MICHAEL JACKSON’S THIS IS IT
*1/2 (out of 5)
October 28, 2009
Michael Jackson as HIMSELF
Studio: Columbia Pictures
Directed by: Kenny Ortega
BY KEVIN CARR
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Years ago before I did film reviews, I worked at a textbook publishing house, and after a project ended, a bunch of the writers there bought a gift for our editor. She was grateful and went on to tell us all the ideas she had for gifts for us, even though we never got them. Awkward, to say the least… and quite a bit disappointing.
I felt very similar while watching the pseudo concert film “Michael Jackson’s This Is It.” Rather than a concert film, or a documentary about making the concert (which could have been good, along the lines of “Madonna’s Truth or Dare”), the movie is a rehearsal film that dares to say, “Look how awesome this concert would have been if our goofy star hadn’t overdosed on drugs in June.”
What we get instead is a hodge-podge of archival video footage that was never meant to be seen by anyone outside of the production. The camerawork is shoddy, and watching the pixilated footage on the big screen gave me a headache. It’s like watching a two hour YouTube video on a 20-foot screen.
Even if you can separate Michael Jackson the performer from Michael Jackson the tabloid lightning rod, you don’t get the best performance out of the man. In all the footage, he’s pulling his punches on the dancing and the singing, and for good reason. Why bust yourself up to perform in rehearsal (and face injury or losing your voice) before the opening night that never happened?
There are parts of the concert that are finished as video elements, and these looked mighty neat – from Jackson digitally inserting himself into a Humphrey Bogart film to the non-3D presentation of the “Thriller” retrospective. Yes, these things are cool, but they aren’t show-stopping. Like I said, this would have been a hell of a concert, but it’s not a hell of a movie by a long shot.
Die-hard Michael Jackson fans will fawn over this film as it contains some of his last moments, and it shows a rare behind-the-scenes look at his rehearsal process. Sadly, there’s very few interesting moments in the rehearsals, which actually do more to support the concept of him being a loon. Whether he’s complaining about the sound of the playback audio in his ear to his impromptu dance moves from “Animal House” before declaring he’s going to burn his jacket on stage, Michael Jackson comes off as unstable and scatterbrained.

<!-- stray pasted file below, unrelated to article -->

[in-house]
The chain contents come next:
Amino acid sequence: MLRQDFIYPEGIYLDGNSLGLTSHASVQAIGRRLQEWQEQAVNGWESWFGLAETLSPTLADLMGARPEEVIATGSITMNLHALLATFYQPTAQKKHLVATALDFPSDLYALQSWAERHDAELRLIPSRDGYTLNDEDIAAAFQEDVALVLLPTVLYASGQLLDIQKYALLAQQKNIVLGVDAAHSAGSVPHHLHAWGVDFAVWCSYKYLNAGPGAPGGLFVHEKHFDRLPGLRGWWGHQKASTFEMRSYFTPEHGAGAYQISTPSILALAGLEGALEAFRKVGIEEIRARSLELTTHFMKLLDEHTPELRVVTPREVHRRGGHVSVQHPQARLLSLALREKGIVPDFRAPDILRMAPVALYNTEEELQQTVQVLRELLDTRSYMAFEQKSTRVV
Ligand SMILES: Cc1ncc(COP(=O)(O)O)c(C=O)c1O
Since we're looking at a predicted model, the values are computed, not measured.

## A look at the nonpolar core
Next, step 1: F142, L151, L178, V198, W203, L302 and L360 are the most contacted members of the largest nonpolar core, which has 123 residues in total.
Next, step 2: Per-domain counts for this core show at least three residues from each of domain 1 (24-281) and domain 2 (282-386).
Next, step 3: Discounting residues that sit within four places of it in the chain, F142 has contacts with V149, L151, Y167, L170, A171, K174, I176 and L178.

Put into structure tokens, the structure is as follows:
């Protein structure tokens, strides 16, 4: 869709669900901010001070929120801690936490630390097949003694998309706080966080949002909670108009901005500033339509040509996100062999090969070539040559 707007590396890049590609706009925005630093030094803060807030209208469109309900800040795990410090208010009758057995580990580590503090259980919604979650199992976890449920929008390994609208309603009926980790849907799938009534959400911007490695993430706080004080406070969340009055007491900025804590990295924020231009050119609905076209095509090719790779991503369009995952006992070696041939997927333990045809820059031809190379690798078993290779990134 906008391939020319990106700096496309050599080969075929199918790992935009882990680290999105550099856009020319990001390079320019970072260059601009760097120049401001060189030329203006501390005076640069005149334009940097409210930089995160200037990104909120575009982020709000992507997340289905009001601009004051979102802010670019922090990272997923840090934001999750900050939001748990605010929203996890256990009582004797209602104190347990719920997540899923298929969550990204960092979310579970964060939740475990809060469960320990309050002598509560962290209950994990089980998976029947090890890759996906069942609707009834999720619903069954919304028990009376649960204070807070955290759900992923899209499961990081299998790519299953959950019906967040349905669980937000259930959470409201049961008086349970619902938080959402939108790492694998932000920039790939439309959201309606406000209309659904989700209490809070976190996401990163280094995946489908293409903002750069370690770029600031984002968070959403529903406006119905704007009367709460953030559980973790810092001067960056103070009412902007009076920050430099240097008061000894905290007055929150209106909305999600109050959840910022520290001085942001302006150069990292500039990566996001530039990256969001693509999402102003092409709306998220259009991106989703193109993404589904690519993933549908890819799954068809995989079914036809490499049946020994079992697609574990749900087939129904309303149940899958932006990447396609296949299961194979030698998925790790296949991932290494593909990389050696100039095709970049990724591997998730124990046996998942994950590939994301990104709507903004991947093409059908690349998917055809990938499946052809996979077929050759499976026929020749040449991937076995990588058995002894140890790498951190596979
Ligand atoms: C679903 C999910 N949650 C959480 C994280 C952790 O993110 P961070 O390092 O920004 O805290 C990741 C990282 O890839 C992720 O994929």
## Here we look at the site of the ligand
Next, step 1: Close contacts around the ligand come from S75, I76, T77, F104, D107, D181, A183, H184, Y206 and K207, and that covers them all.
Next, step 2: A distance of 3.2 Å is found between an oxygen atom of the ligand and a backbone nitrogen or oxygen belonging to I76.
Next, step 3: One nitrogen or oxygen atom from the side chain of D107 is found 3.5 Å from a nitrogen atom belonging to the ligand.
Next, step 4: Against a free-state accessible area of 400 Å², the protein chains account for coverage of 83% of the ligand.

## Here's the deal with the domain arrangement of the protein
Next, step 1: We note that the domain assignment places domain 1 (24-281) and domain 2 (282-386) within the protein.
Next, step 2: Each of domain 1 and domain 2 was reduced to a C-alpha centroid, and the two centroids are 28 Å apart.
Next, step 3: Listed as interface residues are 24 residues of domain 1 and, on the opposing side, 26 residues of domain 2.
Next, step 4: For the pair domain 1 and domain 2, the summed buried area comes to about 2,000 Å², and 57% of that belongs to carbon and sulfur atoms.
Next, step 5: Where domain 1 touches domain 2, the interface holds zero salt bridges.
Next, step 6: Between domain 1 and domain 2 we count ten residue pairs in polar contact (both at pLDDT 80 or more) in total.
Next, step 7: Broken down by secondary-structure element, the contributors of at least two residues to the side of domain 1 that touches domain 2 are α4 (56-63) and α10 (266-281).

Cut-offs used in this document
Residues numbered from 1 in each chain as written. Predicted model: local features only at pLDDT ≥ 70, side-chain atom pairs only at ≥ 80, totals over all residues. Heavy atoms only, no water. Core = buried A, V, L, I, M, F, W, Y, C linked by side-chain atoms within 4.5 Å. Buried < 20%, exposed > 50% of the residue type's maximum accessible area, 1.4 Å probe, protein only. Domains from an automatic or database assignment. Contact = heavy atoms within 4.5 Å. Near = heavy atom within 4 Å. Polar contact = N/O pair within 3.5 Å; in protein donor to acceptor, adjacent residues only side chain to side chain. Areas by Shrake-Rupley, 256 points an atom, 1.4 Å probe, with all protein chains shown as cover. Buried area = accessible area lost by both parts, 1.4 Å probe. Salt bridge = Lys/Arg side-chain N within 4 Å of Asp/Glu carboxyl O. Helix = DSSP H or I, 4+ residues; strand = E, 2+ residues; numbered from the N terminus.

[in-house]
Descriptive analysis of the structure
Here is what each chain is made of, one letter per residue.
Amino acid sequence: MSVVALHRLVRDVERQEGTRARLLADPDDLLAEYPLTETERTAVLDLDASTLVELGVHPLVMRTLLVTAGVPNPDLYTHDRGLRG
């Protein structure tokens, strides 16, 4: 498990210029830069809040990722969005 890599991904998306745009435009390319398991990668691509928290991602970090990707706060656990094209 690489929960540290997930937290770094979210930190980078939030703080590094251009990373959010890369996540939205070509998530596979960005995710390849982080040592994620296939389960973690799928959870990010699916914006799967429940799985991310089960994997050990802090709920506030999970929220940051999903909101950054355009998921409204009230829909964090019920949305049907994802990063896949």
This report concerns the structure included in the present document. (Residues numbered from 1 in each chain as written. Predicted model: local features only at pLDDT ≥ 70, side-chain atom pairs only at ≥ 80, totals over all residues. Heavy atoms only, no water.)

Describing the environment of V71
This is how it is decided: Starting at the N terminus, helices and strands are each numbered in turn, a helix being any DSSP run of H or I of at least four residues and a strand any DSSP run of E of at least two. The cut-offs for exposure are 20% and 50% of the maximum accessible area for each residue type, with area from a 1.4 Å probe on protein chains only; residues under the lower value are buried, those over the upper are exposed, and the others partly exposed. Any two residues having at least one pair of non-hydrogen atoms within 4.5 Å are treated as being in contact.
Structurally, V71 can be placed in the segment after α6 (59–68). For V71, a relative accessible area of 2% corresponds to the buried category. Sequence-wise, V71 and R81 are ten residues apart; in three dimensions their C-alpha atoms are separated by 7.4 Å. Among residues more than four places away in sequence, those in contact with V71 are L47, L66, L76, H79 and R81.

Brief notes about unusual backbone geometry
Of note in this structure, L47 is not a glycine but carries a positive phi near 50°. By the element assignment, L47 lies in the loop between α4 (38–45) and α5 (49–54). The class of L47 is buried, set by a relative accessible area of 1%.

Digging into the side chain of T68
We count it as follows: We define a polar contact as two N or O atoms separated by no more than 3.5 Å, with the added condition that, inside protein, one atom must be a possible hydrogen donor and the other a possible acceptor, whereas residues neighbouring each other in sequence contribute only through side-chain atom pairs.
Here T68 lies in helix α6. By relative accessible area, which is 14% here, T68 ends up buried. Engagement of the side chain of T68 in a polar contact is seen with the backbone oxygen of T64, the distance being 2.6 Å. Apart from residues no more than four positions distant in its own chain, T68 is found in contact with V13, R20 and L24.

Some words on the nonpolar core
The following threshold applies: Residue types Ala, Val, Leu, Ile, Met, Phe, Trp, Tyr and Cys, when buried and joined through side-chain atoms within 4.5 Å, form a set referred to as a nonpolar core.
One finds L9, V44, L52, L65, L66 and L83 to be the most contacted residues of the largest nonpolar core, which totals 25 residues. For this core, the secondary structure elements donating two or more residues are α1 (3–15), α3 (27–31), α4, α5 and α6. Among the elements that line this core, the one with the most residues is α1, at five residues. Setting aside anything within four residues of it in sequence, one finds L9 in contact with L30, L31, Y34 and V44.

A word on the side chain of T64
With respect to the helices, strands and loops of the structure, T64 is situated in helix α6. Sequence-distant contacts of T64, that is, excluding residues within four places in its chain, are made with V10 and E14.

In fact, the opening ten minutes of the movie is so overdone with faux remembrance and doey-eyed interviews with the back-up dancers that had I not known anything about Michael Jackson, I would have thought this could be a hilarious comedic follow-up to “This Is Spinal Tap.”
The line-up of songs calls back to Jackson’s heyday, as far back as the Jackson 5 moments and his biggest hits from the 80s. Sure, these songs are still awesome, and I can’t deny the man’s impact on the music scene, but I found nothing special in the rehearsal moments. It was rough and half-baked, and even the big production numbers don’t come off well.
The movie has serious pacing issues, which was bound to happen when you cram so many musical numbers into two hours with very little down-time. In this way, it reminded me of “The Jonas Brothers 3D Concert Experience,” only the JoBros concert looked a lot better. By the 90-minute mark, I was seriously bored to tears, wanting to run out of the theater as if it were on fire.
Making the pacing even worse was Jackson’s ode to the environment with his selection “Earth Song,” which includes a voice over from Jackson talking about how we need to love trees and take care of the Earth. (Forget the fact that his Neverland Ranch has a massive carbon footprint and the guy wasted resources worse than a Hummer with a bad carburetor.) This song brings the film to a screeching halt and reminds us that his best work was done before 1990.
“Michael Jackson’s This Is It” is the biggest money grab from the entertainment industry, with concert promoter AEG making Criswell-style predictions like the flick will make $250 million its first weekend. Make no mistake: this film isn’t honoring Michael Jackson. It’s just trying to make a fast buck for all involved.